Latest news of the domain name industry

Recent Posts

Will Larry Flynt sue over .xxx domains?

The porn publisher Hustler is “prepared to take whatever legal action may be necessary” to stop ICM Registry letting people register its trademarks in .xxx, according to a report.

I’ve been hearing rumors for several weeks that some companies are so unhappy about having to pay to block their brands in .xxx that they may consider legal action.

Now Xbiz reports that Hustler has said it refuses to be “shaken down” by the registry, but that ICM has not responded to its written demands for protection.

But will the company sue ICM (and ICANN?) over what may amount to just a few thousand dollars in defensive registration fees? And on what grounds?

In the US, the Anticybersquatting Consumer Protection Act, which has been on the books since 1999, is rather friendly to registries unless they behave really, really badly.

ICM will have some of the strongest trademark protection mechanisms of any gTLD, suggesting that it could have quite a strong defense to a cybersquatting claim.

Hustler could of course decide to sue based on a different law.

Threats of lawsuits are something that new gTLD applicants will need to bear in mind if they plan to apply for a TLD that encompasses an industry or community, as .xxx does.

Even if applicants manage to win the support of a portion of the affected industry, community members that think they’re likely to be cybersquatted or lose valuable real estate may well resort to the courts.

This is why about 30% of every new gTLD application fee goes into an ICANN war chest reserved in part for legal fees. ICANN knows what could be coming down the pike.

Xbiz quoted Hustler attorney Jonathan Brown saying: “We are constantly policing the registration and use of domain names that attempt to capitalize on Hustler’s trademarks.”

But the record shows that the company does not appear to be an especially aggressive enforcer of its marks in other top-level domains.

The magazine’s parent, LFP, has filed 29 UDRP complaints since 2002, all relating to Hustler and Barely Legal and, apart from hustler.tv, all for .com domains. The most recent filing was in 2009.

The company does not own the string “hustler” in .net, .org, .info, .biz or in a number of high-visibility ccTLDs that I checked. It does, however, own hustler.mobi.

Wiki to shake up the new gTLD market

Tens of thousands of dollars worth of registry secret sauce is set to be released under a Creative Commons license on a new wiki, courtesy of the International Telecommunications Union.

Applying for a new generic top-level domain could be about to get a whole lot cheaper.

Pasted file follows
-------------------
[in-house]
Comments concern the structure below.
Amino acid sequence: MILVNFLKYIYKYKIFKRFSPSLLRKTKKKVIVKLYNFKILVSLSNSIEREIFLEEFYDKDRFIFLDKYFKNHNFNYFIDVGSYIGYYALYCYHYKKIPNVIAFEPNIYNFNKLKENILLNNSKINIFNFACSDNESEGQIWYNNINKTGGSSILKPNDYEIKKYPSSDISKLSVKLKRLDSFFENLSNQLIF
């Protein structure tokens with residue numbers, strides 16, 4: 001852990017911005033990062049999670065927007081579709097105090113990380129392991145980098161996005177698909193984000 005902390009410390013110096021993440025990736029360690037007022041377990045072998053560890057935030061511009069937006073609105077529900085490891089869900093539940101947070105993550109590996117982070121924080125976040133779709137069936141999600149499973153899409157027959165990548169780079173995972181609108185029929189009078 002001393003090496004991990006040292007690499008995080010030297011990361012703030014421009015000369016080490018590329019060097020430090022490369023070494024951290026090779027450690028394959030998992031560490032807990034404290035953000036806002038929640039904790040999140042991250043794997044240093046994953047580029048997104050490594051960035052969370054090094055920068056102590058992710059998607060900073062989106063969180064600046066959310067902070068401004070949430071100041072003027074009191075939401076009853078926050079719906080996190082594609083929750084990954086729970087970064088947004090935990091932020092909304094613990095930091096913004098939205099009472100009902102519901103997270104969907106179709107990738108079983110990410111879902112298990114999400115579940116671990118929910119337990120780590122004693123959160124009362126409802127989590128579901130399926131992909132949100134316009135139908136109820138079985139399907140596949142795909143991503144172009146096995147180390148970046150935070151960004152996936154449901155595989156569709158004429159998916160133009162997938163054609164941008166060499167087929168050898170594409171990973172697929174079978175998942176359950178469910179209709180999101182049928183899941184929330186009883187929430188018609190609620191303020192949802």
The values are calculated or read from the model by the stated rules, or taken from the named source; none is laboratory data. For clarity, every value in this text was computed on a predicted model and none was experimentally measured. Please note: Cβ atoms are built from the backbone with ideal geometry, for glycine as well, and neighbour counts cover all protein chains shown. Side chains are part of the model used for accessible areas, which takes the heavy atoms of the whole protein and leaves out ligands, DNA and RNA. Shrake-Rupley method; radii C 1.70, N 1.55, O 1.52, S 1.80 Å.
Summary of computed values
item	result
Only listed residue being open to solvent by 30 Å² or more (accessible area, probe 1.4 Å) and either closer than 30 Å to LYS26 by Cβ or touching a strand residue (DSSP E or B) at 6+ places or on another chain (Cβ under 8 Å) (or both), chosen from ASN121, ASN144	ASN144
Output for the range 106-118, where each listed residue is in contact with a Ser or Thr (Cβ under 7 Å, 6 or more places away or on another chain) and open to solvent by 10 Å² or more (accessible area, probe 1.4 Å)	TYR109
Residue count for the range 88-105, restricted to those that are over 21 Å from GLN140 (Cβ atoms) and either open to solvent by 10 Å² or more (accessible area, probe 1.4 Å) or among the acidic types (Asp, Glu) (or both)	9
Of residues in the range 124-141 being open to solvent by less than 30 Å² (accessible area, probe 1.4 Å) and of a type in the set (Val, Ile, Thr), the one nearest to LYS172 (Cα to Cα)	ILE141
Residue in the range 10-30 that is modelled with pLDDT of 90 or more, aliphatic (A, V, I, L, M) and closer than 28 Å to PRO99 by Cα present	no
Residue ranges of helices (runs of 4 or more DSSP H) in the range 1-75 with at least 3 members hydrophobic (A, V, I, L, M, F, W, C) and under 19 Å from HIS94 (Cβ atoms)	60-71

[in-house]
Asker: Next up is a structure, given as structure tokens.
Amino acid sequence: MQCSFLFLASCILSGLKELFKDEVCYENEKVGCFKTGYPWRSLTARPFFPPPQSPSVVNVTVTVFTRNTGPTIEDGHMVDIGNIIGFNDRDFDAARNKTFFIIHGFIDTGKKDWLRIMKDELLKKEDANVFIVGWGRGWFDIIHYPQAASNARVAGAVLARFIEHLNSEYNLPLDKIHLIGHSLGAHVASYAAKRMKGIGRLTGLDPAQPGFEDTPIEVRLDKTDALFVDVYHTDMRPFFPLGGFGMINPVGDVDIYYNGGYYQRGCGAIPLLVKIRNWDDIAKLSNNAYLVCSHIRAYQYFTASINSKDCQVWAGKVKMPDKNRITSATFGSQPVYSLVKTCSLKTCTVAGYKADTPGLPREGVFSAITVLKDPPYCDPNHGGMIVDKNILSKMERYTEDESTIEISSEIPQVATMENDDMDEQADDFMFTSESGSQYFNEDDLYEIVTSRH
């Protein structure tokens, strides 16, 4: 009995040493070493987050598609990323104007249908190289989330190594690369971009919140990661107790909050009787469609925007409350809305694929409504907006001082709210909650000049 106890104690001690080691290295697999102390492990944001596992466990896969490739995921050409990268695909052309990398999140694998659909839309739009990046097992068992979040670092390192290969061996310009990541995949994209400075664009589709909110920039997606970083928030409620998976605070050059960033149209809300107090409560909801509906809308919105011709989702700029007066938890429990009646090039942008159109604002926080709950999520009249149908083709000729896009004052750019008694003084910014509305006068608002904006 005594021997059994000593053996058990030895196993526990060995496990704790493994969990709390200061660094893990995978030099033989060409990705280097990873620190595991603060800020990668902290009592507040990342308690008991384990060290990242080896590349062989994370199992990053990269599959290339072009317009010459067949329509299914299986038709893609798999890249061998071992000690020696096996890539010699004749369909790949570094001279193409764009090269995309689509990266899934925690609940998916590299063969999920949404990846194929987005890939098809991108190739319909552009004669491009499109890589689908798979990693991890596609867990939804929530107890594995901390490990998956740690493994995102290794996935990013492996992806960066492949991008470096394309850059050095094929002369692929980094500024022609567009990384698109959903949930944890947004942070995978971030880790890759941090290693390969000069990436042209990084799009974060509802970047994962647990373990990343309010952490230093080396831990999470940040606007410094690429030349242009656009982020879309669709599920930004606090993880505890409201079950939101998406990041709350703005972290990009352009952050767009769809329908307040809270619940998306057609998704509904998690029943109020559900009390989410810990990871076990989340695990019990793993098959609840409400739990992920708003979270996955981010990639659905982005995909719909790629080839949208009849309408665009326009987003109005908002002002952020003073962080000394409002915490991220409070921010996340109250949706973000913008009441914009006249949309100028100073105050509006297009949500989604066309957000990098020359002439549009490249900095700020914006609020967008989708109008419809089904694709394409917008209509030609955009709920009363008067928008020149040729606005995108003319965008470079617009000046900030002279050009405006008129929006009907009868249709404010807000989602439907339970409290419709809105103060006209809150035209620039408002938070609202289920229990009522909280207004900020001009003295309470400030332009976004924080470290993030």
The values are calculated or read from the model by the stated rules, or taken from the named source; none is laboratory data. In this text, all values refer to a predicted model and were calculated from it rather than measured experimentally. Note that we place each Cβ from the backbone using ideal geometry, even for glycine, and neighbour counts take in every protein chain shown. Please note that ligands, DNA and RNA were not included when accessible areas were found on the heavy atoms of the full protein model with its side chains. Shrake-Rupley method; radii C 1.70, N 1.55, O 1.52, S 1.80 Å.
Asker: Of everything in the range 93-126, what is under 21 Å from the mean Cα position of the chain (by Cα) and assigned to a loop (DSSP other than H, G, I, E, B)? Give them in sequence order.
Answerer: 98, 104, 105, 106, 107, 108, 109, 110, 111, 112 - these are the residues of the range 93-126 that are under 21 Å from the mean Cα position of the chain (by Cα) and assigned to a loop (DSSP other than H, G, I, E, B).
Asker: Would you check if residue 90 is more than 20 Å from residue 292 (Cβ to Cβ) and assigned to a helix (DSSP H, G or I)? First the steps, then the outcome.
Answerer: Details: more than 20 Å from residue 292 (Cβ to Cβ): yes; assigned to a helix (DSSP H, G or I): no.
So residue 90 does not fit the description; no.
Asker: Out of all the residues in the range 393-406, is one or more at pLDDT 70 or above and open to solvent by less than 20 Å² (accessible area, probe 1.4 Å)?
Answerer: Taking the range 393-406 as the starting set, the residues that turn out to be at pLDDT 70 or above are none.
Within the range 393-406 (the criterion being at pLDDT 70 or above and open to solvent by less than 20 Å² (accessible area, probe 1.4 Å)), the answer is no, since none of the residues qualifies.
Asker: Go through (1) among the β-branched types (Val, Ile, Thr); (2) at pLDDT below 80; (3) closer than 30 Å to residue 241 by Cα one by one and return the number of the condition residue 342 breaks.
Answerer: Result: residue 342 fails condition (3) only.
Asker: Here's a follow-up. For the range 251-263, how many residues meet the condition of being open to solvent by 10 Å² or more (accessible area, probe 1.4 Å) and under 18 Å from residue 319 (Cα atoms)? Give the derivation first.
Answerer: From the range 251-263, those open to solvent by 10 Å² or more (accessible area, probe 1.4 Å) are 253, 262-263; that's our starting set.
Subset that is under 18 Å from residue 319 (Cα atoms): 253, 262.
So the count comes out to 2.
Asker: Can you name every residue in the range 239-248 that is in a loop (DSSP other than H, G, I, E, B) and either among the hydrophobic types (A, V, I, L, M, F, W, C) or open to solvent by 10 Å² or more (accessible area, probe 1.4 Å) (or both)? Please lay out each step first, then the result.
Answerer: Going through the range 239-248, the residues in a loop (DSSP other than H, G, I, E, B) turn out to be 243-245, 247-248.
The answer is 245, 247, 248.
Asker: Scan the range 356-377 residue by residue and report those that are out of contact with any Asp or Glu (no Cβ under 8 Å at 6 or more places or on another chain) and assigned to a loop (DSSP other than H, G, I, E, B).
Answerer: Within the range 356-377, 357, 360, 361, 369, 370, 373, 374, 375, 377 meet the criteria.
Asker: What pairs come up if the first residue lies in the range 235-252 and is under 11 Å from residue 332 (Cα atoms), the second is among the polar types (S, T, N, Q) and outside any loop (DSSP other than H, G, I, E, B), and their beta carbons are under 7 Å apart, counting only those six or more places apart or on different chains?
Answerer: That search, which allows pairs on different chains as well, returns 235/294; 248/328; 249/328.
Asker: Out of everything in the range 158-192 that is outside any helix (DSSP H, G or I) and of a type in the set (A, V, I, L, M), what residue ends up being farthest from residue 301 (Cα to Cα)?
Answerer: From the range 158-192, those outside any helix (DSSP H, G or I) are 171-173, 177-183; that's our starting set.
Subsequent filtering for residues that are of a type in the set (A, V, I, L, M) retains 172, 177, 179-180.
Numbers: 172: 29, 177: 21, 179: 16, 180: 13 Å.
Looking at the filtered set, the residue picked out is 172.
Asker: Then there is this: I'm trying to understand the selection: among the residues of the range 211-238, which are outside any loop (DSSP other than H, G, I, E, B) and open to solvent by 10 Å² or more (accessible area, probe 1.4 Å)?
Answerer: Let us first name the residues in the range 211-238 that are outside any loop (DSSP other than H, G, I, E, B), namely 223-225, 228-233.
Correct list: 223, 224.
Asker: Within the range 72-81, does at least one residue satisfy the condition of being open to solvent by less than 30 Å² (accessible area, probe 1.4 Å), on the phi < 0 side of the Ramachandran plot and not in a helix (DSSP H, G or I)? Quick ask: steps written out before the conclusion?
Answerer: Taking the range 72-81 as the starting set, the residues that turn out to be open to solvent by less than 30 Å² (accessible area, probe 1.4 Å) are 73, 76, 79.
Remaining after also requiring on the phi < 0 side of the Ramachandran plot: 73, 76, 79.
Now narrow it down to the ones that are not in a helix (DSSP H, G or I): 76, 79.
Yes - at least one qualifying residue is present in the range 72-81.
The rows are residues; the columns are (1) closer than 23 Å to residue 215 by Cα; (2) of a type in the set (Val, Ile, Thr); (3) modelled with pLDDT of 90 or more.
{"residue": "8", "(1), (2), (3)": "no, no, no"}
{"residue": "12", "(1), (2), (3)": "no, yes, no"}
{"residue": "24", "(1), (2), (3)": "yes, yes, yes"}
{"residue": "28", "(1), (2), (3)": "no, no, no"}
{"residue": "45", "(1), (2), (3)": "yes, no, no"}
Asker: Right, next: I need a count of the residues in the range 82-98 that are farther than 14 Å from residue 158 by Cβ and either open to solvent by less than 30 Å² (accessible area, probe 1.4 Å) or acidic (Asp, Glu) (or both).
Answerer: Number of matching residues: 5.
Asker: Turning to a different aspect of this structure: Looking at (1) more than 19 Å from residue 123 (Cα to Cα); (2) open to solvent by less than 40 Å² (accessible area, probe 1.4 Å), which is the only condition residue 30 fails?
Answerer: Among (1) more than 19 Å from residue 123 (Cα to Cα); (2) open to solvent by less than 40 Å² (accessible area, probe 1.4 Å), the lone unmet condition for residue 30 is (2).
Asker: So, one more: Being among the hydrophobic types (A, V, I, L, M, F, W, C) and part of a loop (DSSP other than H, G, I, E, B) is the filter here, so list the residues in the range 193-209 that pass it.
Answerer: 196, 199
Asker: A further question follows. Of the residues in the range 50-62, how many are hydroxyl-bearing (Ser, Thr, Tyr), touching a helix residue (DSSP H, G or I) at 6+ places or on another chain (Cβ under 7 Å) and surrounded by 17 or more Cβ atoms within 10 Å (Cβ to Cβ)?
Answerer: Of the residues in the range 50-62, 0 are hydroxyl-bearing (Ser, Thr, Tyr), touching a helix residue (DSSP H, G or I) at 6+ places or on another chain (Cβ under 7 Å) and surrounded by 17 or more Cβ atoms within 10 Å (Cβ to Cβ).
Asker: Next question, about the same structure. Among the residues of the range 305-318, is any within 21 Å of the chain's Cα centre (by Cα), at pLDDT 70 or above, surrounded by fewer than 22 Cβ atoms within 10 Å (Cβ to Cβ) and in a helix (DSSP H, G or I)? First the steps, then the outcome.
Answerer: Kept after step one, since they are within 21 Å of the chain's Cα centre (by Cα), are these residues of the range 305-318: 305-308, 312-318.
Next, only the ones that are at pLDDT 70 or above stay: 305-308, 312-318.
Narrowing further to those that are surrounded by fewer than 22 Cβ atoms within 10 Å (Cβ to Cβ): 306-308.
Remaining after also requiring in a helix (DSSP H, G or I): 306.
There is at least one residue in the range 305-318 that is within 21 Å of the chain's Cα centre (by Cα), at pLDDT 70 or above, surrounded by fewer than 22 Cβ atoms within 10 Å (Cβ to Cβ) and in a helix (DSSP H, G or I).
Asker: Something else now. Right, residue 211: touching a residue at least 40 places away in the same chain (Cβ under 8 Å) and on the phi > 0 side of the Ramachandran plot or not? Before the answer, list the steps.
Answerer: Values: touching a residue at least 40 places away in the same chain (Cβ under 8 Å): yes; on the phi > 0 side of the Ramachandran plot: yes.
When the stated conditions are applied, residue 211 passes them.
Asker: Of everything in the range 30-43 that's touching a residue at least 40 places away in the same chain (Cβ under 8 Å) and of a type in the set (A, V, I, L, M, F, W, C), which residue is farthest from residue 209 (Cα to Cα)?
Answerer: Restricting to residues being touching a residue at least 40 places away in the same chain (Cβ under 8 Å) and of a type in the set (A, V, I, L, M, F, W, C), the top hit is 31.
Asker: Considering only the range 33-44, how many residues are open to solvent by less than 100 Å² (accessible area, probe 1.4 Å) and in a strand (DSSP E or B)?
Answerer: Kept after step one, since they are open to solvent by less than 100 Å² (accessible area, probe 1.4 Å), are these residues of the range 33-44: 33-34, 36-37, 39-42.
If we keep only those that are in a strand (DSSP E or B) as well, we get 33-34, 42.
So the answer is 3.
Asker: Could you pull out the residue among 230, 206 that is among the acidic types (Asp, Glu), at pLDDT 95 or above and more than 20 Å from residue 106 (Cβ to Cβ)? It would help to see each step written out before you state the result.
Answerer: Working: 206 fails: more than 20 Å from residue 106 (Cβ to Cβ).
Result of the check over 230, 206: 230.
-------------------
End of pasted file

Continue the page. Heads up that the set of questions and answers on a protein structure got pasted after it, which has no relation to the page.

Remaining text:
Before October, the ITU plans to publish template answers to all 22 of the questions about registry technical operations demanded by ICANN’s Applicant Guidebook.

Because they will be published under a Creative Commons license, new gTLD applicants will be able to copy and paste the whole lot into their applications for free.

And because they will be on a wiki, approved contributors will be able to fine-tune the templates to increase their chances of passing ICANN’s technical evaluation.

Currently, gTLD applicants are generally paying registry back-end providers to take care of this part of their applications, paying $10,000 and up for the privilege.

I think the word that applies here is “disruptive”.

Consultant and former ICANN board member Michael Palage, who has worked on a number of previous TLD launches, is coordinating the creation of the templates with input from registries and engineers.

The resulting “best in class” material will also be used by the ITU and the League of Arab States in their bid for .arab and its Arabic equivalent, .عرب.

According to the Guidebook, applicants do not need hands-on experience running a registry in order to have their application approved. ICANN is trying to enable competition, after all.

But there is a period of pre-delegation testing that each successful applicant must endure before their new gTLD is added to the root, so a simple copy-paste of the ITU’s templates will not suffice.

I doubt this project will take a great deal of money out of the pockets of the incumbent registries – well-funded applicants will presumably be happy to pay the extra money for certainty – but it will provide a bit of flexibility for applicants not already in bed with a back-end.

It could also help open up the new gTLD market to companies that may not have otherwise considered it, such as those in the developing world.

Indeed, part of the rationale for the Creative Commons publication is to aid with “capacity building” in these nations, according to an ITU presentation delivered in Cairo this week.

We’ve already seen pricing competition hit the registry services market in the wake of the approval of the new gTLD program, now it appears we’re seeing the dawn of “free”.

ICANN has $750k to advertise new gTLDs

Don’t all rush at once.

ICANN is looking for an advertising agency to help it get the word out about the new generic top-level domains program, but it only has $750,000 to spend.

The organization published a request for proposals last night.

The budget is not much in the advertising world, especially considering that ICANN’s awareness program will have to be global and multilingual to be truly effective.

With such a limited budget, the RFP and accompanying FAQ acknowledges that it will need “creative solutions” from its ad agency.

This is likely to mean a big PR push for advertising equivalent editorial – lots and lots of news stories about new gTLDs.

To an extent, the word is already out by this measure. My standing Google News and Twitter searches for “ICANN” have been going crazy since the gTLD program was approved two weeks ago.

I think it’s fair to say that the vast majority deal of the coverage so far has been either neutral or negative, with much of the focus on potential legal, branding and security problems.

That’s pretty much par for the course in the domain name business, of course.

And ICANN does not necessarily need positive spin – it’s trying to raise awareness of the program’s existence, and negative coverage does that job just as well.

There is, as they say, no such thing as bad publicity.

ICANN’s job of promoting the program is already being done to a large extent by the registries, many of which were investing heavily in media outreach before new gTLDs were approved.

Will ITU object to phone number .tel domains?

Kevin Murphy, October 15, 2010, Domain Registries

Should Telnic be allowed to let people register their phone numbers as .tel domain names?

That’s the question ICANN is currently posing to the internet-using public, after it determined that allowing numeric-only .tel domains does not pose a security and stability threat.

If you can register a phone number in almost every other gTLD (except VeriSign’s .name), then why not in .tel? On the face of it, it’s a no-brainer.